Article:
So that was how I got the book in my possession now for the actual review. Truth be told my original suspicions were valid and it was totally a Hallmark/Lifetime love story just based in a small town in Australia rather than America. However, that didn’t make it a bad thing. The story was well written and the characters nicely developed. I’m a pretty good guesser so I had the plot pegged early on, but I enjoyed reading the details unravel. All the main characters were likable and a welcome changed from the last few books I’ve read. 

I would say this is a perfect summer beach or holiday read. It’s the tenth book for Rachel Johns and if I were to stumble upon another I would gladly pick it up. Now I’m trying to moderate my reading, but I’m already itching to pick up the next book already…

Goodreads Synopsis

“Lawson Cooper-Jones has two priorities in life – his son, Ned, and the survival of the dairy farm that has been in his family for generations. Despite the best efforts of the town matchmakers and the determined pursuit of local girl Adeline Walsh, Lawson’s heart belongs still, and only, to his late wife. 

But when a flat tyre strands Lawson and Ned in nearby Rose Hill, he’s surprised to find a woman living alone in the old general store of the deserted town. Ned immediately forms a bond with the beautiful stranger called Meg, and Lawson is surprised to find himself captivated by her too. 

Although shy at first, Meg starts to open up to him about the haunting secrets of her new home and, with Lawson unable to get her out of his head, they agree to investigate the history of the old building together. Soon they find their friendship has bloomed into something more.

But when meddling Adeline makes it her mission to uncover the truth about the newcomer and her real identity is revealed, Lawson and Meg’s budding romance comes crashing down. Can they both learn to forgive in order to claim a future for their damaged hearts?”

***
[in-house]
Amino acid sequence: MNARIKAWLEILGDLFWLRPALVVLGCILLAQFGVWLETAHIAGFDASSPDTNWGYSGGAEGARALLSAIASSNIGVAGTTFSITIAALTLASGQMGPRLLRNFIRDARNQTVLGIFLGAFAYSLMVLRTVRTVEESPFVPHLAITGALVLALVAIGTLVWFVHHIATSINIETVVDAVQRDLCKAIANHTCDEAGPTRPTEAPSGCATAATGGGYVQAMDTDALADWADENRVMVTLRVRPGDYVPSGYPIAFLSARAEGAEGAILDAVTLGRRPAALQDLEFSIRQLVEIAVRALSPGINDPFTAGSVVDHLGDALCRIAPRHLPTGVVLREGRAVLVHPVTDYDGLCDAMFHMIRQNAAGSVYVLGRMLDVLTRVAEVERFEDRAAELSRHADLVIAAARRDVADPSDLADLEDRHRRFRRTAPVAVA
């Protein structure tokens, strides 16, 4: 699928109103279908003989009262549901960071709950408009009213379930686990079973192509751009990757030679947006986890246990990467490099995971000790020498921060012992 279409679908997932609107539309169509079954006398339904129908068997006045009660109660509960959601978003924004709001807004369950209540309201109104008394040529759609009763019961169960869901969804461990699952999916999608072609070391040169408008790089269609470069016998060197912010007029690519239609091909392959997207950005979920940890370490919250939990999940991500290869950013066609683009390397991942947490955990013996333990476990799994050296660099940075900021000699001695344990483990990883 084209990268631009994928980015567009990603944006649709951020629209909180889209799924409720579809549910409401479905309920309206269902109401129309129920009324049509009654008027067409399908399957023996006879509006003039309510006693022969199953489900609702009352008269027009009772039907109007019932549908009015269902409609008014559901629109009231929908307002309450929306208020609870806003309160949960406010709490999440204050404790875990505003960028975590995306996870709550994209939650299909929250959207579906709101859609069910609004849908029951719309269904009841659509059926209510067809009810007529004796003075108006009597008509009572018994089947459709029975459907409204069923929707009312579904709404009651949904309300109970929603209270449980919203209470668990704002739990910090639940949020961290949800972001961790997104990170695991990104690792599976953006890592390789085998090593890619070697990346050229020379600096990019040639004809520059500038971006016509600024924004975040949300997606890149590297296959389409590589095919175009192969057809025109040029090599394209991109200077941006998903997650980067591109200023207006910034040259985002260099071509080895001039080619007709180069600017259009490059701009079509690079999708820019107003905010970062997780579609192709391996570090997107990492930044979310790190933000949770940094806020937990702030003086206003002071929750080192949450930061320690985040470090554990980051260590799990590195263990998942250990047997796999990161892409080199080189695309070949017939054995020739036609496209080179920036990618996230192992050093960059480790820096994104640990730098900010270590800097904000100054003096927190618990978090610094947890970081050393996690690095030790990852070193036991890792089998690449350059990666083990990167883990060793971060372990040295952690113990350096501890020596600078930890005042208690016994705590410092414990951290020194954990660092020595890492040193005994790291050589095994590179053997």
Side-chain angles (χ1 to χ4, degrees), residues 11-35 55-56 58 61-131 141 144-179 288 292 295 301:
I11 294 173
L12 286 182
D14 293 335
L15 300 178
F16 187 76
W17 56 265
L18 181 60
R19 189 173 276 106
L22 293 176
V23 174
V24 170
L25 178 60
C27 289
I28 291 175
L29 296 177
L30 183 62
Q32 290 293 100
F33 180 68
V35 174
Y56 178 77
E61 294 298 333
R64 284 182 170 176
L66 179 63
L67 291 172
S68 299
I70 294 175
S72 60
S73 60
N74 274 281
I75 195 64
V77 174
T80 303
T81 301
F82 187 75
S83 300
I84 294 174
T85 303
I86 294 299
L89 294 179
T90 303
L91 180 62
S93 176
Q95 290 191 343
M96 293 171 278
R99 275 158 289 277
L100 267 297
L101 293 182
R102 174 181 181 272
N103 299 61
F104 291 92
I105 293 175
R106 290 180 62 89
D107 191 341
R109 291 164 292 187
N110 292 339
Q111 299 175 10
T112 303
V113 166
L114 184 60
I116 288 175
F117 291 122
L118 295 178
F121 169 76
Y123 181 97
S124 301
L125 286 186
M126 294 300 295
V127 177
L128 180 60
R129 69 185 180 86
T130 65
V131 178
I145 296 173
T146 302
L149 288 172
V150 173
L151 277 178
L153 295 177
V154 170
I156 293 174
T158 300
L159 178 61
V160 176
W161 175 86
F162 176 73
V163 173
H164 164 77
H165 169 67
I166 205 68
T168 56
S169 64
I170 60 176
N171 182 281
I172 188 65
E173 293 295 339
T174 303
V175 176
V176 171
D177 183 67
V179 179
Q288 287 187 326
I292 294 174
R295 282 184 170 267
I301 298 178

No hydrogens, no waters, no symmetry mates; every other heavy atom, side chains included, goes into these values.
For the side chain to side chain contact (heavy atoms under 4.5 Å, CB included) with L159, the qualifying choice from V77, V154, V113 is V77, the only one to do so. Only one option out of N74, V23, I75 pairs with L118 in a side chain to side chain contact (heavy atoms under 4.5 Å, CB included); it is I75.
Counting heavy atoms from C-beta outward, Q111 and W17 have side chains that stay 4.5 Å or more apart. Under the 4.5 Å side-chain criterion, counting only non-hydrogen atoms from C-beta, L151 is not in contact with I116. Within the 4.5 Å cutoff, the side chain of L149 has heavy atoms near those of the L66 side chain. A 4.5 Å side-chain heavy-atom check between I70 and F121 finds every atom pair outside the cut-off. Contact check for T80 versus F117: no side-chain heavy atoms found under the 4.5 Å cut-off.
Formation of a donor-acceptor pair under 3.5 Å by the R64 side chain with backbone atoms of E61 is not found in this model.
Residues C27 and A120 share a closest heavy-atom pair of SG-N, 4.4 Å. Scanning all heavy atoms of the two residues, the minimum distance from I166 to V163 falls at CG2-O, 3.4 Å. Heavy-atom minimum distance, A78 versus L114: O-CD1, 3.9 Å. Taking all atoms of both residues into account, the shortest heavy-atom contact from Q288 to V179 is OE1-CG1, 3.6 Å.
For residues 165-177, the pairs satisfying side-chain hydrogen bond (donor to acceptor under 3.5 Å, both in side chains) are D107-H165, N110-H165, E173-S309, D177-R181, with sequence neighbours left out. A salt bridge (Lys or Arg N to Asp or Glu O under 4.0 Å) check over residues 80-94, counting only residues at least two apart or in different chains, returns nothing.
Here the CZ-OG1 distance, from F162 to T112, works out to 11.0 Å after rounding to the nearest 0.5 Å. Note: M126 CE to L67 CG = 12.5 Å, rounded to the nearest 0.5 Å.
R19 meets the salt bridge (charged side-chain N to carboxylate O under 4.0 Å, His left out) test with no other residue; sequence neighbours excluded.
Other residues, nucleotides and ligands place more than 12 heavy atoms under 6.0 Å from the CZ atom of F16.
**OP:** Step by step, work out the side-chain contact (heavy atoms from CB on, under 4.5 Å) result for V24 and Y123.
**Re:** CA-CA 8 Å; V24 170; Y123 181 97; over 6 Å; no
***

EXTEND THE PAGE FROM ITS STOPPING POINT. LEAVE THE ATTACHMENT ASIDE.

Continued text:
Book Review 13: Who Did You Tell?

My friend had finished Who Did You Tell? by Lesley Kara whilst in Fiji and passed the book on to me. It’s a crime/thriller-esque book. This isn’t my go to genre and I have a bad habit of wanting to know what happens before finishing the book. I usually can guess the endings or shocking things that may happen in books and movies and it turns out not to be shocking at all. However, per my friend’s recommendation I went for it. 

The book follows a woman who is combatting her demons while recovering from being an alcoholic. After rehab she’s moved into her mom’s cottage in a small beach town in England. The small town should be sleepy and boring (and it was for a while), but all the sudden things start falling into place for the main character when she meets a man (of course). He’s kind, wholesome and currently between jobs so he came to the town for the summer to help his dad renovate a house. He makes her feel that she can love again and his dad commissions her for a painting, getting her back into her lapsed career. 

Everything is going great and she’s even made a friend in AA so why does she feel like someone is following her? Her thoughts are confirmed when she starts getting notes and threatening messages. She obviously doesn’t go to the police or tell her mom/boyfriend because that would be too normal. 

The book is written in her point of view, but every so often there’s a quip or paragraph in a different font that looks like someone’s thoughts or portion of a journal entry. Those little sections were driving me crazy. I wanted to know who was thinking/saying these things and I couldn’t quite pin it. Those portions alone kept me reading. I was desperate to know how the book ended so I read throughout the day and finished it the same day I started. It ends a little too cleanly to be possible, but it all unfolded well.